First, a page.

Sun Dec 9 22:52:16 CET 2007
krikit -> reflections on Forth and DSP
looking at the code i write, it is full of global variables (temporary
storage for multiple fanout). and inlined early-bound math ops,
operating directly on memory instead of the stack. also macros that
unfold to criss-cross variable access are much more useful here than
the problem with DSP is that speed matters, and it's easy to get to
order of magnitude savings by early binding. so macros are
important. algorithms are often not terribly complicated. the stress
is more on mapping things to hardware.
now, i realize i'm stretching it trying to do DSP on a PIC18. it
misses essential elements like a barrel shifter, large accumulator,
and rich addressing modes. these things REALLY make a huge
difference. but, keeping data in memory (registers) makes things
relatively fast on a PIC18.
if the specs are clear (if the algorithm doesn't change)
implementation can be straightforward, though a manual endeavor. but,
what i've learned, experimentation REQUIRES more highlevel
constructs. i lost too much time and energy in mapping to hardware
before things actually worked.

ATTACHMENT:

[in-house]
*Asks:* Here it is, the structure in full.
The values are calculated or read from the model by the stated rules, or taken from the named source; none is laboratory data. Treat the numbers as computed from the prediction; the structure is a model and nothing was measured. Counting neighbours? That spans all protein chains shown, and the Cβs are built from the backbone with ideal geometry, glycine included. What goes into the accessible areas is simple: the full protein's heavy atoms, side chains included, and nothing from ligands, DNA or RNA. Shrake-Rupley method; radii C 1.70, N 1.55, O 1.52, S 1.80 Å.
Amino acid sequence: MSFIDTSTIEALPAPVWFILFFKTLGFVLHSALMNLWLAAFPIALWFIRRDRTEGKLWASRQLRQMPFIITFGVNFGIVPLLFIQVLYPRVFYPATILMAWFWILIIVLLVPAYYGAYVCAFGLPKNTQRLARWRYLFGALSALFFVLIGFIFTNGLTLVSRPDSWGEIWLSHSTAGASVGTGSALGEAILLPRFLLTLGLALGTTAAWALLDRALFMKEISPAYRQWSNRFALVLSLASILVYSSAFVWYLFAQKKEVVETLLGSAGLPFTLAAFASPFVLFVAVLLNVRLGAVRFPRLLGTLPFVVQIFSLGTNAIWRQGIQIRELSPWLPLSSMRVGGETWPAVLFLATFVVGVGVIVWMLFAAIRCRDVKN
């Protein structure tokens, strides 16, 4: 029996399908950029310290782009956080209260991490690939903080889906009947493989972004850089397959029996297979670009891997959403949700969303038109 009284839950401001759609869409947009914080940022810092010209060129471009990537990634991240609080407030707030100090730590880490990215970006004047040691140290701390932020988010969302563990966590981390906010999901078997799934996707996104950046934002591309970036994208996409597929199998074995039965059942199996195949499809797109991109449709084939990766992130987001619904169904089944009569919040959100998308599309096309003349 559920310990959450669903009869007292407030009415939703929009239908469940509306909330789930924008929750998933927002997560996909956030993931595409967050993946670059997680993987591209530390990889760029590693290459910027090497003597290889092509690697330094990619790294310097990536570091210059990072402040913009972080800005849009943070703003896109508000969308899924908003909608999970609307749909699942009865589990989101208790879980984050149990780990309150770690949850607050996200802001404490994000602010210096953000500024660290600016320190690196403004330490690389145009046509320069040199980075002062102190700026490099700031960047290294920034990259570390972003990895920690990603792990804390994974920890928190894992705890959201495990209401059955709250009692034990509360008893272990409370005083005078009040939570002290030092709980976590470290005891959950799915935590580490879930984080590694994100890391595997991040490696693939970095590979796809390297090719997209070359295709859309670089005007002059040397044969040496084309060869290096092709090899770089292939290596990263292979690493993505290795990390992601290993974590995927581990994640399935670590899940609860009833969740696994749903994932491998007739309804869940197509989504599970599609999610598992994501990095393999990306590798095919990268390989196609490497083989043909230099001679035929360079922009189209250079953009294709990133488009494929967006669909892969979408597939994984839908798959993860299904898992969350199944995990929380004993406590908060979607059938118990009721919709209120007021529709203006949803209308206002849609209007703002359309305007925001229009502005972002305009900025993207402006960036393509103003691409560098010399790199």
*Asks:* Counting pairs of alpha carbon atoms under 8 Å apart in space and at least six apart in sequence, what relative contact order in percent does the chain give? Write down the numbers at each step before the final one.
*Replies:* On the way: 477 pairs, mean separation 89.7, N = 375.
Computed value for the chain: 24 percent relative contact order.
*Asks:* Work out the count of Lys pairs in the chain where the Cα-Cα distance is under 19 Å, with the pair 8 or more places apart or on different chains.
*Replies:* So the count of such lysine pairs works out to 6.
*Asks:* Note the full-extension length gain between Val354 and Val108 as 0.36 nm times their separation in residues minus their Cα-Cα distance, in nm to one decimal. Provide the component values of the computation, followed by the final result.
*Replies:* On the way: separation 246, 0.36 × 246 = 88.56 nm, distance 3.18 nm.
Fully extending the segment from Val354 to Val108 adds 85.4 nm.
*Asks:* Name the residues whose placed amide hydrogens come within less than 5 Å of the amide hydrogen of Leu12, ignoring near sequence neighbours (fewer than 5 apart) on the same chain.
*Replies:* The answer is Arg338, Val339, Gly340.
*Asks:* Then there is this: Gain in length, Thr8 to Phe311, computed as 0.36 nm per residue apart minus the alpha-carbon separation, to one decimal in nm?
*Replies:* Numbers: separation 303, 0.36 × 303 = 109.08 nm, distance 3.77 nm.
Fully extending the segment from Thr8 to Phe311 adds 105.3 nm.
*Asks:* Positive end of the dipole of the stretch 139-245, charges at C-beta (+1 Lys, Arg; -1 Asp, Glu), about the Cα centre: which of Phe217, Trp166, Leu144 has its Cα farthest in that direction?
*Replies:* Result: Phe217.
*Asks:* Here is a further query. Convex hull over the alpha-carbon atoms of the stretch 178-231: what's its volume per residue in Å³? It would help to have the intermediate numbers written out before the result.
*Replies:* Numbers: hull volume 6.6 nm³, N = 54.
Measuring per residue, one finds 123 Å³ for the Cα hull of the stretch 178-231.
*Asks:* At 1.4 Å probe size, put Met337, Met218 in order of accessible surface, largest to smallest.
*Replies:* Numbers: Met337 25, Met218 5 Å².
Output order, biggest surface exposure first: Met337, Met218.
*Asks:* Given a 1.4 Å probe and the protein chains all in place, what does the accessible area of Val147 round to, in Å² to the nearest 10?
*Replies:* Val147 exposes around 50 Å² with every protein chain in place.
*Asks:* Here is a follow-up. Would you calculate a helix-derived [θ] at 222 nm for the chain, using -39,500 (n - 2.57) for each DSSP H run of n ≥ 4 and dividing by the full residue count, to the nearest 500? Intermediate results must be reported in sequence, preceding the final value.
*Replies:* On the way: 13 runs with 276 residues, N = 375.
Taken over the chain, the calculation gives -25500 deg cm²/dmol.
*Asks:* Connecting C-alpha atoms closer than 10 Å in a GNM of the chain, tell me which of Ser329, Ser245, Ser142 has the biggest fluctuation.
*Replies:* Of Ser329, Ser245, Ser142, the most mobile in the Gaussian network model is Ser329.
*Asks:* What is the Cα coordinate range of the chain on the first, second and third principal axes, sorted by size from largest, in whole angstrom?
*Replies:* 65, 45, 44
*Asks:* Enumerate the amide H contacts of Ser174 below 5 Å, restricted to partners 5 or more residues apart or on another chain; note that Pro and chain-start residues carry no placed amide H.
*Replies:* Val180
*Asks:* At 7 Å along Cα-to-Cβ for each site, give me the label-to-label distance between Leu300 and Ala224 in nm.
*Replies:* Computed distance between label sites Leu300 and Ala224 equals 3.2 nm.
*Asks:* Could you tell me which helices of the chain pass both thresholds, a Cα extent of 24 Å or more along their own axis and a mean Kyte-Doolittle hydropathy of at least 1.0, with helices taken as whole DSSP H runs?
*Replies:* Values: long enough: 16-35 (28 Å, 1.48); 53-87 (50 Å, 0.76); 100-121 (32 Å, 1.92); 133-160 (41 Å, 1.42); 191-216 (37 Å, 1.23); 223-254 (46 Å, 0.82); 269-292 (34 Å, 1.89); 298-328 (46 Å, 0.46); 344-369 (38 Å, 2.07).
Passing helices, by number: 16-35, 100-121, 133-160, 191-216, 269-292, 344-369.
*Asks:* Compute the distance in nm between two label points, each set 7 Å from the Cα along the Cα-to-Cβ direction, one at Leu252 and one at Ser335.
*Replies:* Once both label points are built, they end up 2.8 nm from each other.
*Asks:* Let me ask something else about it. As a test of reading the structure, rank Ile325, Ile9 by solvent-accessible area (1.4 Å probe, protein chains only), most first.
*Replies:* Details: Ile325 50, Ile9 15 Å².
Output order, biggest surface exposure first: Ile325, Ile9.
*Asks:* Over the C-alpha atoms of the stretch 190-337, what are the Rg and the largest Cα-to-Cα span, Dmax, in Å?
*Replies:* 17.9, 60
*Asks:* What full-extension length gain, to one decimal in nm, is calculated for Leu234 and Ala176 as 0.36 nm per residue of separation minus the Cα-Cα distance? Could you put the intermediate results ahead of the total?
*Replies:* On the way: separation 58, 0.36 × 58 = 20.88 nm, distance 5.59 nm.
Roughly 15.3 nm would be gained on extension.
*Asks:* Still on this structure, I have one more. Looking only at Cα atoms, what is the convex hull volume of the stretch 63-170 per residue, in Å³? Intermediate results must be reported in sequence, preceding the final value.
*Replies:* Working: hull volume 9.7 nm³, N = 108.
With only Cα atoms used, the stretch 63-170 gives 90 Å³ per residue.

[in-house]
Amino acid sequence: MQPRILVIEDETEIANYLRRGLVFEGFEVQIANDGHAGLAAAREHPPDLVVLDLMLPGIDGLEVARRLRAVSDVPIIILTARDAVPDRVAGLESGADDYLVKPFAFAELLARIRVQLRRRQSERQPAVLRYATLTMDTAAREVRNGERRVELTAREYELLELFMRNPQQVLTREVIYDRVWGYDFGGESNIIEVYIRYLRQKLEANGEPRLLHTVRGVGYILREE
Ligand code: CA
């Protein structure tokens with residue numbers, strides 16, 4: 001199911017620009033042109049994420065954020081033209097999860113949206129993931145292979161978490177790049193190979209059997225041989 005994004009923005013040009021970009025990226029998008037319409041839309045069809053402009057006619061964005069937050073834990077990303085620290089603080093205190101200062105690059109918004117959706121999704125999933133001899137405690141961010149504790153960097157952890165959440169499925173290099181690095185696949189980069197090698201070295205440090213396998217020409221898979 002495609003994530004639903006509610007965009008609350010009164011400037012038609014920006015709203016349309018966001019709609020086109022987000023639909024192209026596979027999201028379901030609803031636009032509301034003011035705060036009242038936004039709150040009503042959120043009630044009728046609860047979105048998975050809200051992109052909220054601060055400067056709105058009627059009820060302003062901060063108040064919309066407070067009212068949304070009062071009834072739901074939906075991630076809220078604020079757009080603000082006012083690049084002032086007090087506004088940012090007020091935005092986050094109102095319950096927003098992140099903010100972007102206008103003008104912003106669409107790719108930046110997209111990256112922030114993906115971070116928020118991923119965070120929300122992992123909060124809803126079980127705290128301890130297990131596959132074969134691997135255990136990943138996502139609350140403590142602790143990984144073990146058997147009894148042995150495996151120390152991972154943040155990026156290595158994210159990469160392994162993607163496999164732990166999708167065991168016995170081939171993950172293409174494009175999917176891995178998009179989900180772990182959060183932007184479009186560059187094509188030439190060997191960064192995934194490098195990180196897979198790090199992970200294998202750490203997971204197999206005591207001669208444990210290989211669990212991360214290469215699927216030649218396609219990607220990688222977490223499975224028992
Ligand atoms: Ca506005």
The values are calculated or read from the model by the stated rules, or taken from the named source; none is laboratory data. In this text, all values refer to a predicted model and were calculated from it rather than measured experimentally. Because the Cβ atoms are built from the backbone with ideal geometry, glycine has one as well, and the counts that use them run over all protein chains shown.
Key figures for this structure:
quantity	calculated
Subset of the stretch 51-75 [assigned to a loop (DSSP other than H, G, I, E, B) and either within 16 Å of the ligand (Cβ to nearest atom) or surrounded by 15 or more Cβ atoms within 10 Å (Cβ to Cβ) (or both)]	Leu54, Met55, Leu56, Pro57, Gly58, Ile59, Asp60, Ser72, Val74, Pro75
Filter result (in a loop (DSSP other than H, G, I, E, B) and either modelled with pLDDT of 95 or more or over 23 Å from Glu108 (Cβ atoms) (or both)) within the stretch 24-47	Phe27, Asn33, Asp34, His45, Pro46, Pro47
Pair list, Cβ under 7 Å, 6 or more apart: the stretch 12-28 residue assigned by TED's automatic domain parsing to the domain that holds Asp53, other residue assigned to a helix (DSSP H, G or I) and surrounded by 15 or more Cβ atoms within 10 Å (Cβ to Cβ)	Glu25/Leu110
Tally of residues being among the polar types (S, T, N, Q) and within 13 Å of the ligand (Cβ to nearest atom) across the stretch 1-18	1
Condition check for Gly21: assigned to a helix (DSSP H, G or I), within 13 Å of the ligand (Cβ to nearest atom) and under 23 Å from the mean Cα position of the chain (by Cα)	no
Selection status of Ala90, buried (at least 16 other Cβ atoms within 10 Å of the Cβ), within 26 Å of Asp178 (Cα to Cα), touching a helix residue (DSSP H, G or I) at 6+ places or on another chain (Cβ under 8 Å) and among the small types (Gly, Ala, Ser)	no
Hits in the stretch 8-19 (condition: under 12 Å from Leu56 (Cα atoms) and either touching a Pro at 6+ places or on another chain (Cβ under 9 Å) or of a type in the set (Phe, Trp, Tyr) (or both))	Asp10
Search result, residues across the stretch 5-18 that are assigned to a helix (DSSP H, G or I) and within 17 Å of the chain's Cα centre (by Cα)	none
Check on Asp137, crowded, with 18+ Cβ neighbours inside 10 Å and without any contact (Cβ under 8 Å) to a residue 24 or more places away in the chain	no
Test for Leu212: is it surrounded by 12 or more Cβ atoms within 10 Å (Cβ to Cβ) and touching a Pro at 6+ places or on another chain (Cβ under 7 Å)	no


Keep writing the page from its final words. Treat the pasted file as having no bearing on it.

which leads me to the following strategy: if experimentation on the
hardware is essential, experiment on hardware that 10x faster, or use
data rates 10x slower such that high level abstractions can be
used. for purrr on the PIC18 and 16/24 bit DSP operations this means:
USE A DTC FORTH! when it's done, core routines can be done in purrr18
or in machine language. what i need is:
* confidence that 10x speedup is possible
* confidence that slowing down ACTUALLY WORKS
* patience and discipline to get it to work FIRST and THEN speed it up
what i missed in this project is the availability of an easier to use
16bit forth, and a policy for doing fixed point math. the former would
have made the latter more easy to use.
and second, it is probably a good idea to start looking for a dataflow
language: one that
* automates the allocation of temporary buffers (variables).
* enables abstract boxes (made of networks of abstract boxes)
* automates iterated boxes (+ possible 'folding')
* separates registers from functions (all feedback = explicit)
* frp vs. static sequencing ?
so i'm not so sure anymore if forth is really useful for the
dsPIC. maybe in the sense that it should map to the 16bit arch just
like purrr maps to the 8bit arch, but leave the dsp-ishness alone:
provide only an assembler.